McMenemy v. Flagship Financial Group, LLC et al

Filing 94

ORDER signed by Judge John A. Mendez on 04/14/15 ORDERING THAT the 75 Motion for Judgment on the Pleadings is DENIED. (Benson, A)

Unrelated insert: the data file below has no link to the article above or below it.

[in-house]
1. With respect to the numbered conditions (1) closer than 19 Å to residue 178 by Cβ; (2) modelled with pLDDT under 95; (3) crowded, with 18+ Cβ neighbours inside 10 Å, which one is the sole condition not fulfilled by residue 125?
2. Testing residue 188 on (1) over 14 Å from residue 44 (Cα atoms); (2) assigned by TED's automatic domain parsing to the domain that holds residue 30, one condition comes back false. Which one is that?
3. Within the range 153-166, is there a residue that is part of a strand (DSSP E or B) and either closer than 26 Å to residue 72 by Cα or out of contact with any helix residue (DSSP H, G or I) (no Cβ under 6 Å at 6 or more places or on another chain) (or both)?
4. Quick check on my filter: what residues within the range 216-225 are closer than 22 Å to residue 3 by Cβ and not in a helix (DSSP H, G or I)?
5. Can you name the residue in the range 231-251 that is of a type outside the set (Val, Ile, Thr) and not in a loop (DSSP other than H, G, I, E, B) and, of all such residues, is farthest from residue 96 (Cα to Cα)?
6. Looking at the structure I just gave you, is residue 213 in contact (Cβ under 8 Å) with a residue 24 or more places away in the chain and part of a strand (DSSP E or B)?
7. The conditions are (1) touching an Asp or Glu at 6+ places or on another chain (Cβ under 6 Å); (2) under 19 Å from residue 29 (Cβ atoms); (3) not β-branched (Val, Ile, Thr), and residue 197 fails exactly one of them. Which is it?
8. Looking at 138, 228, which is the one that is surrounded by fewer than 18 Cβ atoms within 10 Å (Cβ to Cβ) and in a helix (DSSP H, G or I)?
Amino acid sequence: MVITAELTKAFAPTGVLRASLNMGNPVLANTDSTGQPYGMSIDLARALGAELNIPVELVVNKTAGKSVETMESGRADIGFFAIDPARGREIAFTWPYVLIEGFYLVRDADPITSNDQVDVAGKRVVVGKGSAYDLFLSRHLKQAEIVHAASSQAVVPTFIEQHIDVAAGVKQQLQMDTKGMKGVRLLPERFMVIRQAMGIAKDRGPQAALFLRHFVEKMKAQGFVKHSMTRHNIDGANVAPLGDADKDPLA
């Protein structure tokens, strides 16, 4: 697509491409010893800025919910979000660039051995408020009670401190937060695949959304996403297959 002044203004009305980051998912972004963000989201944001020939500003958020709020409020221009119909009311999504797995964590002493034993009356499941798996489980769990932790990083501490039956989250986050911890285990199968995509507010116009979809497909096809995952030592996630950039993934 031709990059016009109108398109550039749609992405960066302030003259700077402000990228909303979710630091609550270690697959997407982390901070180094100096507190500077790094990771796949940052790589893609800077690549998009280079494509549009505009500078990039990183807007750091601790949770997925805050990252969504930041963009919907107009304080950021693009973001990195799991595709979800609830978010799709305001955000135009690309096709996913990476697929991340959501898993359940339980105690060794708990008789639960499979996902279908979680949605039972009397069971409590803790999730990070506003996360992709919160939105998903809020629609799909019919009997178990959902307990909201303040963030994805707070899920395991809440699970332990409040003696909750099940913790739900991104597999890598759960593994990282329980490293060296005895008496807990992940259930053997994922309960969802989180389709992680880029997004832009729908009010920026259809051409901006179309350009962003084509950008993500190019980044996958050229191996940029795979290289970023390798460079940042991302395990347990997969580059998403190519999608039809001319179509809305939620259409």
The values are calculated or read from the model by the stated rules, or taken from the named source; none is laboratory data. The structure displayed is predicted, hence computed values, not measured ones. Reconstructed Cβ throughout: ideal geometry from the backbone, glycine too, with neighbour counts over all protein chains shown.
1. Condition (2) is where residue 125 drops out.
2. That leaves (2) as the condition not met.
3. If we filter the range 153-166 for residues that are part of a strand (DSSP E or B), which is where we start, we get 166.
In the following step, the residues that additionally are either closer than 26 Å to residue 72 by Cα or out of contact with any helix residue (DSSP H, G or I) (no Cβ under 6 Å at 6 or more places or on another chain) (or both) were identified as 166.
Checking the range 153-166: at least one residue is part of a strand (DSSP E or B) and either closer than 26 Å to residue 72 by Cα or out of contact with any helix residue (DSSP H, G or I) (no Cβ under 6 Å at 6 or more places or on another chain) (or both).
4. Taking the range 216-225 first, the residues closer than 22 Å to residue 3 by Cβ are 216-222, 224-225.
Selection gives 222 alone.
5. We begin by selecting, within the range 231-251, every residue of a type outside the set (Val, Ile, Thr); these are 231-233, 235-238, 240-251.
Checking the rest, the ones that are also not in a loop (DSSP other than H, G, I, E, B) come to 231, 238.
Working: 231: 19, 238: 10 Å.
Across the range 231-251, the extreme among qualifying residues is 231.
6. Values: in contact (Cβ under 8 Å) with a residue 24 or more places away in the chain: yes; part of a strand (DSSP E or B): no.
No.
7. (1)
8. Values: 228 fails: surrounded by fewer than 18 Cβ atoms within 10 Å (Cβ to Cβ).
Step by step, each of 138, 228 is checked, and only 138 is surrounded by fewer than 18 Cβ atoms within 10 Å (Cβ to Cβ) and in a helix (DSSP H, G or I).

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1 2 3 4 5 6 7 8 UNITED STATES DISTRICT COURT 9 EASTERN DISTRICT OF CALIFORNIA 10 11 12 DIANA MCMENEMY, an individual; and MICHAEL MCMENEMY, an individual, 13 Plaintiffs, 14 15 16 17 18 No. 2:14-cv-1482 JAM AC ORDER DENYING DEFENDANT FLAGSHIP’S MOTION FOR JUDGMENT ON THE PLEADINGS v. COLONIAL FIRST LENDING GROUP, INC., a Utah Corporation; COLONIAL FIRST BUSINESS DEVELOPMENT, LLC, a Utah Limited Liability Company; DEVIN JONES, an individual; FLAGSHIP FINANCIAL GROUP, LLC, and DOES 1 through 10, 19 Defendants. 20 21 This matter is before the Court on Defendant Flagship 22 Financial Group, LLC’s (“Flagship”) Motion for Judgment on the 23 Pleadings (Doc. #75). 24 (“Plaintiffs”) oppose Flagship’s motion (Doc. #86) and Flagship 25 filed a reply (Doc. #89). 26 1 27 28 Plaintiffs Michael and Diana McMenemy 1 For the following reasons, the motion There is a discrepancy between the spelling of Plaintiffs’ surname as it appears in the caption of this case, and as it appears in the FAC. For consistency’s sake, it will be spelled as it appears in the caption. 1 1 is denied. 2 I. 3 2 FACTUAL ALLEGATIONS AND PROCEDURAL BACKGROUND Between June and August 2008, Defendants Colonial, Jones, 4 and Colonial FBD “provided mortgage brokerage services to 5 Plaintiffs . . . for the purpose of obtaining for Plaintiffs a 6 purchase money loan” for 409 French Avenue, Grass Valley, 7 California. 8 “expressly told Jones and Colonial that they could not afford a 9 total monthly mortgage payment that exceeded approximately First Amended Complaint (“FAC”) ¶¶ 1, 9. Plaintiffs 10 $1,800[.]” 11 them, “Colonial and Jones did not have the requisite license from 12 the California Department of Real Estate to provide the Mortgage 13 Services.” 14 to them, “Jones and Colonial divided the Mortgage Services into 15 loan origination services . . . which Jones and Colonial 16 proceeded to perform, and loan processing services . . . which 17 Jones and Colonial contracted with Flagship to perform.” 18 ¶ 12. 19 conceal from Plaintiffs the fact that they were unlicensed. 20 ¶ 13. 21 Colonial and Flagship arranged to have Flagship appear on the 22 escrow documents as the Plaintiffs’ mortgage broker, but for 23 Colonial and Jones to actually perform the Loan Origination 24 Services.” 25 shared the fees paid by Plaintiffs. FAC ¶ 10. FAC ¶ 11. Plaintiffs allege that, unbeknownst to Plaintiffs also allege that, unbeknownst FAC Plaintiffs allege that Flagship helped Jones and Colonial FAC Moreover, “without disclosure to Plaintiffs, Jones, FAC ¶ 15. Defendants Jones, Colonial, and Flagship FAC ¶ 15. Plaintiffs 26 27 28 2 This motion was determined to be suitable for decision without oral argument. E.D. Cal. L.R. 230(g). The hearing was scheduled for March 25, 2015. 2 1 specifically allege that they “did not know, and did not have 2 reason to know, about the conduct of Flagship [detailed above] 3 until on or about January 5, 2012, when Plaintiffs took the 4 deposition of Heather Hodge.” 5 FAC ¶ 16. On February 4, 2014, Plaintiffs filed the Complaint against 6 Flagship in Nevada County Superior Court. On February 18, 2014, 7 Flagship removed the matter to this Court. 8 Plaintiffs filed the FAC, naming Jones, Colonial, and Colonial 9 FBD as defendants along with Flagship. On March 17, 2014, The FAC includes claims 10 against Flagship for Fraud, Negligent Misrepresentation, Breach 11 of Fiduciary Duty, Unfair Competition in violation of Cal. 12 Business and Professions Code § 17200, and Conspiracy to Defraud. 13 II. 14 OPINION Flagship argues that Plaintiffs’ claims against it must be 15 dismissed for failure to comply with the applicable statute of 16 limitations. 3 17 limitations did not begin to run until January 5, 2012, when they 18 took the deposition of Heather Hodge. 19 contend that it was only during Ms. Hodge’s deposition that they 20 learned the true extent and nature of Flagship’s relationship 21 with the remaining Defendants, and the role that Flagship played 22 in processing Plaintiffs’ mortgage file. 23 reply, Flagship maintains that the statute of limitations began 24 to run when Plaintiffs’ loan payments went up, because the Mot. at 4. Plaintiffs respond that the statute of Opp. at 5. Plaintiffs Opp. at 6. In its 25 3 26 27 28 Although Flagship originally cites the four-year statute of limitations for contract-based actions, Plaintiffs correctly assert that three-year statute of limitations for fraud-based actions applies to their claims. Flagship adopts this position in its reply brief. 3 1 circumstances would lead a reasonable person to inquire as to 2 Flagship’s involvement. 3 “Plaintiffs had knowledge or constructive knowledge of Flagship’s 4 involvement in their home purchase in 2008,” based on documents 5 which are not properly before the Court – an issue which is 6 addressed below. 7 Reply at 3. Flagship also argues that Reply at 3. Generally, an action may not be dismissed at the pleading 8 stage based on the statute of limitations “unless it is clear 9 from the face of the complaint that the statute has run and that 10 no tolling is possible.” 11 Networks, Inc., 2011 WL 1044899, at *3 (N.D. Cal. Mar. 23, 2011) 12 (citing Conerly v. Westinghouse Electric Corp., 623 F.2d 117, 119 13 (9th Cir. 1980)); see also Jablon v. Dean Witter & Co., 614 F.2d 14 677, 682 (9th Cir. 1980) (“When a motion to dismiss is based on 15 the running of a statute of limitations, it can be granted only 16 if the assertions of the complaint, read with the required 17 liberality, would not permit the plaintiff to prove that the 18 statute was tolled.”). 19 tolling based on delayed discovery is usually a question of fact 20 for the jury, unless the “uncontradicted facts are susceptible of 21 only one legitimate inference.” 22 4th 1369, 1374, 105 Cal. Rptr. 2d 699 (2001) Brocade Commc’ns Sys., Inc. v. A10 Whether a plaintiff is entitled to Kline v. Turner, 87 Cal. App. 23 To avail itself of delayed discovery tolling, a plaintiff 24 must “plead facts to show (1) the time and manner of discovery 25 and (2) the inability to have made an earlier discovery despite 26 reasonable diligence.” 27 Servs., 153 Cal.App.4th 1308, 1320 (2007) (emphasis omitted); Rey 28 v. OneWest Bank, FSB, 2013 WL 127839, at *5 (E.D. Cal. Jan. 9, See E-Fab, Inc. v. Accountants, Inc. 4 1 2013). 2 triggered when the plaintiff “has reason to suspect an injury and 3 some wrongful cause[.]” 4 plaintiff fails to suspect such an injury because she relied on a 5 misrepresentation, she may invoke the delayed discovery doctrine 6 unless her reliance, “in light of [its] own information and 7 intelligence, is preposterous and irrational.” 8 Guardian Life Ins. Co. of Am., 171 Cal.App.4th 912, 922-23 (2009) 9 (citation and quotation marks omitted) (reversing dismissal where But a plaintiff’s duty to diligently investigate is only E-Fab, 153 Cal.App.4th at 1319. If a Broberg v. 10 plaintiff relied on misrepresentations by defendant despite 11 having access to a document that – had plaintiff read it – would 12 have revealed the misrepresentations). 13 Here, Flagship’s alleged fraudulent conduct occurred in 14 2008. 15 until January 2014. 16 Flagship is grounded in fraud, the applicable statute of 17 limitations is three years. 18 Accordingly, Plaintiffs’ claims against Flagship must be 19 dismissed unless the Court determines that Plaintiffs are 20 entitled to tolling based on delayed discovery “of the facts 21 constituting the fraud.” 22 Plaintiffs did not file the Complaint, naming Flagship, As each of Plaintiff’s claims against Cal. Civ. Proc. Code § 338(d). Cal. Civ. Proc. Code § 338(d). In the FAC, Plaintiffs allege the following conduct by 23 Flagship: (1) Flagship performed loan processing services for 24 Jones and Colonial (FAC ¶ 12); (2) Flagship helped Jones and 25 Colonial hide the fact that they were unlicensed from Plaintiffs 26 (FAC ¶ 13); (3) Flagship knew that the monthly loan payments 27 would eventually exceed Plaintiffs’ ability to pay (FAC ¶ 14); 28 and (4) Flagship, Jones, and Colonial divided between themselves 5 1 the mortgage brokerage, loan origination, and loan processing 2 fees paid by Plaintiffs. 3 they “did not know, and did not have reason to know, about the 4 conduct of Flagship [summarized above] until on or about January 5 5, 2012, when Plaintiffs took the deposition of Heather Hodge.” 6 FAC ¶ 16. 7 Plaintiffs specifically allege that As required under E-Fab v. Accountants, Plaintiffs have 8 alleged “(1) the time and manner of discovery and (2) the 9 inability to have made an earlier discovery despite reasonable 10 diligence.” 11 of Flagship’s alleged misconduct on January 5, 2012, through the 12 deposition testimony of Heather Hodge. 13 the information earlier because Defendants concealed that 14 information. 15 misconduct due to its reliance on a defendant’s 16 misrepresentations will only preclude the plaintiff’s invocation 17 of the delayed discovery doctrine if such reliance was, “in light 18 of [its] own information and intelligence, . . . 19 and irrational.” 20 Cal.App.4th 912, 922-23 (2009). 21 that Plaintiffs’ reliance was “preposterous and irrational,” as 22 they had no reason to suspect any extensive involvement or 23 misconduct by Flagship. 24 claims against Flagship, the statute of limitations was tolled 25 until January 5, 2012, under the delayed discovery rule. 26 Plaintiffs filed the Complaint against Flagship in January 2014, 27 the action was timely and the statute of limitations had not 28 expired. E-Fab, 153 Cal.App.4th at 1320. Plaintiffs learned They were unable to learn As noted above, a plaintiff’s failure to learn of preposterous Broberg v. Guardian Life Ins. Co. of Am., 171 In this case, it cannot be said Accordingly, for each of Plaintiffs’ 6 As 1 Flagship makes several arguments in opposition to 2 Plaintiffs’ invocation of the delayed discovery rule. 3 Flagship argues that “Plaintiffs had knowledge or constructive 4 knowledge of Flagship’s involvement in their home purchase in 5 2008 [because the] Uniform Residential Loan Application shows 6 that Flagship interviewed the Plaintiffs” and because the 7 “closing statement shows Flagship’s Loan Origination fee, Credit 8 report fee, Processing fee, Application fee, and Mortgage Broker 9 fee.” Reply at 3. First, This argument is based on documents which are 10 not properly before the Court: in support of its motion, Flagship 11 attached two documents which it claims are a loan application and 12 a closing statement on Plaintiff’s mortgage. 13 Ex. B. 14 judicial notice of these documents (nor are they the proper 15 subjects of judicial notice, as they are not public records). 16 The Court is limited to “the face of the complaint” and may not 17 consider the extrinsic evidence submitted by Flagship. 18 2011 WL 1044899, at *3. 19 first time in its reply brief – that the Court should convert its 20 motion into a motion for summary judgment, is not well-taken.) 21 Moreover, even if the Court were to consider these documents, it 22 is far from clear that they demonstrate that Plaintiffs were on 23 constructive notice of Flagship’s alleged wrongdoing: Plaintiffs 24 allege fraudulent concealment by Flagship, not mere involvement 25 in the processing of their loan. 26 not properly before the Court and this argument carries no 27 weight. 28 Mot., Ex. A; Mot., However, Flagship makes no request that the Court take Brocade, (Flagship’s suggestion – made for the Regardless, the documents are Flagship also argues that the statute of limitations began 7 1 to run, at the latest, “in 2010, the year in which Plaintiffs 2 allege their monthly payments first went up.” 3 argument shares the same flaw as the argument discussed above: it 4 relies on a document not properly before the Court. 5 demonstrate that Plaintiffs’ loan payments first increased in 6 2010, Flagship cites an attachment to its reply brief, which 7 purports to be a loan modification request submitted by 8 Plaintiffs. 9 motion for judgment on the pleadings, the Court is limited to the 10 face of the complaint, and Flagship does not argue that the Court 11 can or should take judicial notice of this document. 12 even assuming that Plaintiffs became generally aware of fraud in 13 2010, it does not follow that they became aware of Flagship’s 14 fraud in 2010. 15 the nature and extent of Flagship’s involvement in the alleged 16 fraud until taking the deposition of Heather Hodge in 2012. Reply, Ex. A. Reply at 3. This To As noted above, in evaluating this Moreover, As alleged by Plaintiffs, they did not learn of 17 18 19 20 21 22 III. ORDER For the reasons set forth above, the Court DENIES Flagship’s Motion for Judgment on the Pleadings: IT IS SO ORDERED. Dated: April 14, 2015 23 24 25 26 27 28 8